21 F3d 1381 Adcox v. Teledyne Inc
21 F.3d 1381
146 L.R.R.M. (BNA) 2288, 127 Lab.Cas. P 11,072,
18 Employee Benefits Cas. 1070
John R. ADCOX, et al., Plaintiffs-Appellants,
TELEDYNE, INC.; Teledyne Industries, Inc., Teledyne Monarch
Rubber Division; United Rubber, Cork, Linoleum and Plastic
Workers of America International Union; and United Rubber
Workers Local Union No. 99, Defendants-Appellees.
United States Court of Appeals,
Argued Jan. 21, 1994.
Decided April 19, 1994.
Mark Hilkert (briefed), Scanlon & Gearinger, Katherine C. Smith (argued and briefed), Wagner, Smith, Patterson & Yates, Akron, OH, for John R. Adcox, et al.
Peter D. Post (argued and briefed), Beth L. Silver, Reed, Smith, Shaw & McClay, Pittsburgh, PA, Sheila M. Markley, Day, Ketterer, Raley, Wright & Rybolt, Canton, OH (briefed), for Teledyne, Inc., Teledyne Industries, Inc. and Teledyne Monarch Rubber Division.
Peter D. Post, Reed, Smith, Shaw & McClay, Pittsburgh, PA, Sheila M. Markley, Day, Ketterer, Raley, Wright & Rybolt, Canton, OH, Charles R. Armstrong (briefed), Carolyn T. Wonders (argued and briefed), Akron, OH, for United Rubber, Cork, Linoleum and Plastic Workers of America, AFL-CIO-CLC and Local 99, United Rubber, Cork, Linoleum and Plastic Workers of America.
Before: MILBURN and BOGGS, Circuit Judges; and CONTIE, Senior Circuit Judge.
BOGGS, Circuit Judge.
A group of former Teledyne employees appeals the district court's granting of summary judgment to defendants-appellees in the employees' suit seeking lost welfare benefits and damages under both the Labor Management Relations Act (LMRA), 29 U.S.C. Secs. 141 et seq., and the Employee Retirement Income Security Act (ERISA), 29 U.S.C. Secs. 1001 et seq. For the reasons discussed herein, we affirm.
* Plaintiffs-appellants are former employees of defendant Teledyne Monarch Rubber, a division of defendant Teledyne, Inc., and, while employed by Teledyne, were represented by defendants United Rubber, Cork, Linoleum and Plastic Workers of America International Union and its Local Union No. 99. A collective bargaining agreement, which became effective January 1, 1988, and expired at midnight on June 15, 1991, governed the terms of their employment. Teledyne and the Union had also negotiated a Pension, Insurance and Service Award Agreement, which ran to June 15, 1985, but automatically renewed itself annually, unless either party gave notice of its desire to terminate the Service Award Agreement. The Service Award Agreement provided for service awards upon retirement and "special distribution" benefits on discontinuance of plant operations; the "special distribution" benefit functions essentially as severance pay.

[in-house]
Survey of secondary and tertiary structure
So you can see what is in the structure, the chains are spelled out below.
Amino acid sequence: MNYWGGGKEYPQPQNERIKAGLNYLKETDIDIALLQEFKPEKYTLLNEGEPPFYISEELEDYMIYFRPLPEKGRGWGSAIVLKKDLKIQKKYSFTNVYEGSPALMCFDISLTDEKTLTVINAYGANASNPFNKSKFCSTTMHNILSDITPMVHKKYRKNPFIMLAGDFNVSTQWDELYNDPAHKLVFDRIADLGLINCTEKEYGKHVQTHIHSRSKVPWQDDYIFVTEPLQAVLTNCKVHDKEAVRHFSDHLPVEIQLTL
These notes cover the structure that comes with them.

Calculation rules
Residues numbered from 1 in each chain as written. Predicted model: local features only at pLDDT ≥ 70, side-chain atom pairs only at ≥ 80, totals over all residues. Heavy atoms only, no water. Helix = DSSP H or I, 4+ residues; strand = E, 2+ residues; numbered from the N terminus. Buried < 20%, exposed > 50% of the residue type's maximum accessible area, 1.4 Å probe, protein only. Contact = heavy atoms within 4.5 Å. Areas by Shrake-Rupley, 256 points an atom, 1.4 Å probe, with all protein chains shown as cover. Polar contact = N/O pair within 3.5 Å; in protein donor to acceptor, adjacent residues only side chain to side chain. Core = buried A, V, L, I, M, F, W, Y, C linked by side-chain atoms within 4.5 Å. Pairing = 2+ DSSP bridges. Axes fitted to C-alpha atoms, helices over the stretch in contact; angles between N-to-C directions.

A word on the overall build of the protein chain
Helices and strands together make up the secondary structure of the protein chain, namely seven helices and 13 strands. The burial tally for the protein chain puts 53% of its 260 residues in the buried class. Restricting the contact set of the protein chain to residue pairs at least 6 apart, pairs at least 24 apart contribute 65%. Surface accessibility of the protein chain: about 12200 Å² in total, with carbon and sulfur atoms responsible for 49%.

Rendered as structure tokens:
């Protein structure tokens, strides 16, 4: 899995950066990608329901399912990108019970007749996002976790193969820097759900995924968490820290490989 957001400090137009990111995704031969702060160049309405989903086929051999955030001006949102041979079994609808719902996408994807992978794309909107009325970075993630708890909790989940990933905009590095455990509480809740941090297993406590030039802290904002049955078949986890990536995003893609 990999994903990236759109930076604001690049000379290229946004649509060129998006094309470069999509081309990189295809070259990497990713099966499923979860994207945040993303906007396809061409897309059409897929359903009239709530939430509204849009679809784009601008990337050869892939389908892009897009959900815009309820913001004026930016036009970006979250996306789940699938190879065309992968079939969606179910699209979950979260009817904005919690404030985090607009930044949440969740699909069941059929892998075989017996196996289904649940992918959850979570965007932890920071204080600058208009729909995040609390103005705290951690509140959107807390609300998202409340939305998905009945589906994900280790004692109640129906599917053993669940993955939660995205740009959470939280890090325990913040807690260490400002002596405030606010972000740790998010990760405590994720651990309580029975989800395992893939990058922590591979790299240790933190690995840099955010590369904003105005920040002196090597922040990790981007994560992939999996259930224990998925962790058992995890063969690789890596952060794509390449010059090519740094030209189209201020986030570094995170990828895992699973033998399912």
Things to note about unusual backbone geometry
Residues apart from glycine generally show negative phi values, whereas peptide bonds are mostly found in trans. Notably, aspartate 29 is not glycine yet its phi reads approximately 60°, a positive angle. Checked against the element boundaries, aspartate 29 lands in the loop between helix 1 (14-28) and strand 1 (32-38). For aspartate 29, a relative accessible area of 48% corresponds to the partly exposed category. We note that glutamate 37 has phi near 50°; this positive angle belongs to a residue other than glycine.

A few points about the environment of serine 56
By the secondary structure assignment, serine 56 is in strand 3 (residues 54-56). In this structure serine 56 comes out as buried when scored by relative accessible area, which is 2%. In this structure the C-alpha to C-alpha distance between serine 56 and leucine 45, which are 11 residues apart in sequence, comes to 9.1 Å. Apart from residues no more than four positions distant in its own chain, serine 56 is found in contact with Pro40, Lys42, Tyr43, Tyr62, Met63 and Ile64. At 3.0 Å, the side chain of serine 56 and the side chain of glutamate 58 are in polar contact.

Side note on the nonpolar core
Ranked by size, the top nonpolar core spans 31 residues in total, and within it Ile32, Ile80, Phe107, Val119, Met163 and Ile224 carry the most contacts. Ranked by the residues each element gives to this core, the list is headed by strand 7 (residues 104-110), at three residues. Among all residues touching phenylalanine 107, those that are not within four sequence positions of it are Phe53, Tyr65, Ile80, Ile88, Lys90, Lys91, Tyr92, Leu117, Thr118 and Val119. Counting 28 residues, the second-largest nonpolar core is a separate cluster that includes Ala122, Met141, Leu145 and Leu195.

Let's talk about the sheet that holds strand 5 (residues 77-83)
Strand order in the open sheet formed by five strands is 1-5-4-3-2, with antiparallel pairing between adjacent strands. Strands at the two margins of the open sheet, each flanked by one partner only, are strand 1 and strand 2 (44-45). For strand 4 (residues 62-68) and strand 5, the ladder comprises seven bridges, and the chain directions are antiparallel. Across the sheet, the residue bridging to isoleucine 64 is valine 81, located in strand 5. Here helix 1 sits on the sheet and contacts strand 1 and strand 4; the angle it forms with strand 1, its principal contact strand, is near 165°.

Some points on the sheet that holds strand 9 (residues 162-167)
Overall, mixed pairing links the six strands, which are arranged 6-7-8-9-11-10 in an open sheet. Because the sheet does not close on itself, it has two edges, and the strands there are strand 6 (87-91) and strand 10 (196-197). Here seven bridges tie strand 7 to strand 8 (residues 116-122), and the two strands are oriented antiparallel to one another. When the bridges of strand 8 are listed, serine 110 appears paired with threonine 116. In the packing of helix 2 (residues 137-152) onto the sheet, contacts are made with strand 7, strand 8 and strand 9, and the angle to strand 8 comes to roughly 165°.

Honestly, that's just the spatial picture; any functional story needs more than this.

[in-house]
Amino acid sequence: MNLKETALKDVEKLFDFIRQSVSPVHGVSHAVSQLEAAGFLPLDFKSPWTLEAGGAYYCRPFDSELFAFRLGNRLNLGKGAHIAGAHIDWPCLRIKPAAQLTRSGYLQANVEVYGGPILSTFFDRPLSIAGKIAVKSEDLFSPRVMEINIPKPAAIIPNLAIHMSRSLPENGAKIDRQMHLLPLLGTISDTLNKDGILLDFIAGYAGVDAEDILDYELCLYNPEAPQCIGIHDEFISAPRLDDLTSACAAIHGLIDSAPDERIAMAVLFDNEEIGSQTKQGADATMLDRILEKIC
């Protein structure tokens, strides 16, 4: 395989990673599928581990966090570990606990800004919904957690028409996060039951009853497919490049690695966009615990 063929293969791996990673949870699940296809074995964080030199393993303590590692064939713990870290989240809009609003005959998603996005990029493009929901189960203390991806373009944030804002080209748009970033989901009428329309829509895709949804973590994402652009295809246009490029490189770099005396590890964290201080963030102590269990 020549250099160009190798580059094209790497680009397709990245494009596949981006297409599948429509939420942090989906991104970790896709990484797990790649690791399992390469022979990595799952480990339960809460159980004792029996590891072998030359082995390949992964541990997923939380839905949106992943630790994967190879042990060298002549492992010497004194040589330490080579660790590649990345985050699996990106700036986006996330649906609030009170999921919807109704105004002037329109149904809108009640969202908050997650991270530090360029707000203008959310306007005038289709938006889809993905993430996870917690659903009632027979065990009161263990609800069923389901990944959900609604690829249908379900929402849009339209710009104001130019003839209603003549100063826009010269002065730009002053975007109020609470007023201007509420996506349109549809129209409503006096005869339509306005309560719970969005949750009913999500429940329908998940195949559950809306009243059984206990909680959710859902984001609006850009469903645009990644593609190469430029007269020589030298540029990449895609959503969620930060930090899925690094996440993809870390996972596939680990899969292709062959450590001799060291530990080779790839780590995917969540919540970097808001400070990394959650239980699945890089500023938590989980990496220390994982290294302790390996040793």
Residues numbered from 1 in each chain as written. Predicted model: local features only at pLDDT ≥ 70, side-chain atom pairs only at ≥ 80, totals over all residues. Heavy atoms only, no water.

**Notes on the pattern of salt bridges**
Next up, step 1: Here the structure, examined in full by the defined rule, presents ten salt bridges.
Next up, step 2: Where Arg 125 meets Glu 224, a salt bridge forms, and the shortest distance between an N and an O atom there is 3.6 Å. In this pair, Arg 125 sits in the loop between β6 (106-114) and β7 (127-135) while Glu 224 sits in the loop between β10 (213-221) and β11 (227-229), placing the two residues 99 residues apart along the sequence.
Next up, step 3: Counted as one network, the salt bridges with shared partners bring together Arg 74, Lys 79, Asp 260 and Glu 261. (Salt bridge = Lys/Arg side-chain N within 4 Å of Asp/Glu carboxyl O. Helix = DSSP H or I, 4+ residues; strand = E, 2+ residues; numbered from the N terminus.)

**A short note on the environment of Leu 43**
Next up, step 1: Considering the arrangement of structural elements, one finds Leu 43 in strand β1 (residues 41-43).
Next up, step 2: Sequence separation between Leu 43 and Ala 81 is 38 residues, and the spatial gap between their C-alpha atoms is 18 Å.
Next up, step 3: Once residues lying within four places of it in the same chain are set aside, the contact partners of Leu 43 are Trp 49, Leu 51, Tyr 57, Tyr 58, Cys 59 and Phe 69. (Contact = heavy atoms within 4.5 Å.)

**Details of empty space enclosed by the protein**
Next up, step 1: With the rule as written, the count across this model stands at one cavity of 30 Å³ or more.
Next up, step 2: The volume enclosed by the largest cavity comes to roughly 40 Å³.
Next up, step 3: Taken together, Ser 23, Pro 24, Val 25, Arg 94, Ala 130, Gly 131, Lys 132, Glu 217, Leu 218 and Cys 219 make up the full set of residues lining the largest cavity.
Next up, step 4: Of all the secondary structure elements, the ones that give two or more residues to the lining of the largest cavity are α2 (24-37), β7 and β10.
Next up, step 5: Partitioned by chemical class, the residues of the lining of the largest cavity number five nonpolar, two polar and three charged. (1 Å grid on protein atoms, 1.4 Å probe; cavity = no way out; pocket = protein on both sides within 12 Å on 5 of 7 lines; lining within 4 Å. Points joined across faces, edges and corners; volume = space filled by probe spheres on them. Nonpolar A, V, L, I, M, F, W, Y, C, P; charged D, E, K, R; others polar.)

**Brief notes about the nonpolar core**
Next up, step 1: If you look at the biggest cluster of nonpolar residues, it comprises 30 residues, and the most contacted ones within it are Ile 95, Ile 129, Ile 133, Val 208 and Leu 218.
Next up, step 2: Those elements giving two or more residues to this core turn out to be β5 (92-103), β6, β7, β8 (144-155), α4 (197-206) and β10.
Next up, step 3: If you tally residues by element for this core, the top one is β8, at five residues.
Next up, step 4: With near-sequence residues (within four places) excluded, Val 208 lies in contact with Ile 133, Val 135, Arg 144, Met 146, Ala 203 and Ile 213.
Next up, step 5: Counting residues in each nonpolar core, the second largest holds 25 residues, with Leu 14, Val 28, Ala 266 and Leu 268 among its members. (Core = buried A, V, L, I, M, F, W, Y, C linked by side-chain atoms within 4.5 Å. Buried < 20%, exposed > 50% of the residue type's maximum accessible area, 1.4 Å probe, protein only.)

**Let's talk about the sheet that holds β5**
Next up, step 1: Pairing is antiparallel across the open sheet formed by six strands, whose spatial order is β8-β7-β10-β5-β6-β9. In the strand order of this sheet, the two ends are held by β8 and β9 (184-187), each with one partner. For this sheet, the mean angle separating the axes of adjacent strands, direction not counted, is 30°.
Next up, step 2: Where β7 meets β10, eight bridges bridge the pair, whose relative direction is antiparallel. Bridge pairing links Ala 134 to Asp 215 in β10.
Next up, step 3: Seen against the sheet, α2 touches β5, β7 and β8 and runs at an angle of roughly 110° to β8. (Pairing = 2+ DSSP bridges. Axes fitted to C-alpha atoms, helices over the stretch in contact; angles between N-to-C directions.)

In January 1991, Teledyne announced it would cease operations at its Hartville, Ohio, plant (where plaintiffs worked), sell the assets, and terminate the employees on June 15, 1991, the date when the labor agreement expired. Teledyne and the Union then engaged in "effects bargaining" from January through June 1991 to resolve the impact of the proposed closing on the employees. On April 5, Teledyne notified the Union that it desired to "terminate all agreements, including the Collective Bargaining Agreements, effective 12:01 a.m. the 16th of June, 1991."
During these negotiations, the Union demanded that Teledyne provide the employees with various benefits, including continuation of health insurance for eighteen months; immediate, unreduced early pension benefits for all employees regardless of the length of service; and "special distribution" benefits based on the Service Award Agreement. Teledyne agreed to continue medical insurance for fourteen months after closure, but declined to increase pension benefits or lower pension eligibility requirements, declined to pay to any employee a Service Award Agreement benefit, and informed the Union that retiree medical benefits would cease on June 15, 1991.
The Service Award Agreement provided for the special distribution to be calculated on the basis of an employee's total earnings. The distribution was payable upon complete and permanent discontinuance of plant operations to each terminated employee with at least five years of service who was "not eligible for a pension under any pension plan" of Teledyne and who was not eligible for a service award for retirement. At the time of termination, each plaintiff had at least five years of service and each was entitled to a deferred vested pension under Teledyne's pension plan. During effects bargaining, the Union contended that "eligible for a pension" meant eligible for an immediate pension; Teledyne maintained that it meant eligible for any pension, including a deferred vested pension. Teledyne and the Union also disagreed as to whether the retiree medical benefit program was limited to the life of the collective bargaining agreement or to the life of each retiree.
As part of a tentative Plant Closing Agreement reached in early June 1991, Teledyne agreed to provide an immediate, lump-sum pension benefit option (thereby giving employees access to immediate cash); to pay the then-current premiums for a retiree medical program for the lifetime of each current retiree and each active employee who was eligible to begin receiving an immediate pension benefit on July 1, 1991, and who did not take the lump-sum pension benefit; to continue active employees' health insurance for fourteen months or buy out that insurance on a lump-sum cash basis; and to increase the earnings permitted to recipients of certain pension benefits. The Union, as part of the compromise, agreed to a comprehensive release of claims, including a release concerning any Service Award Agreement benefits.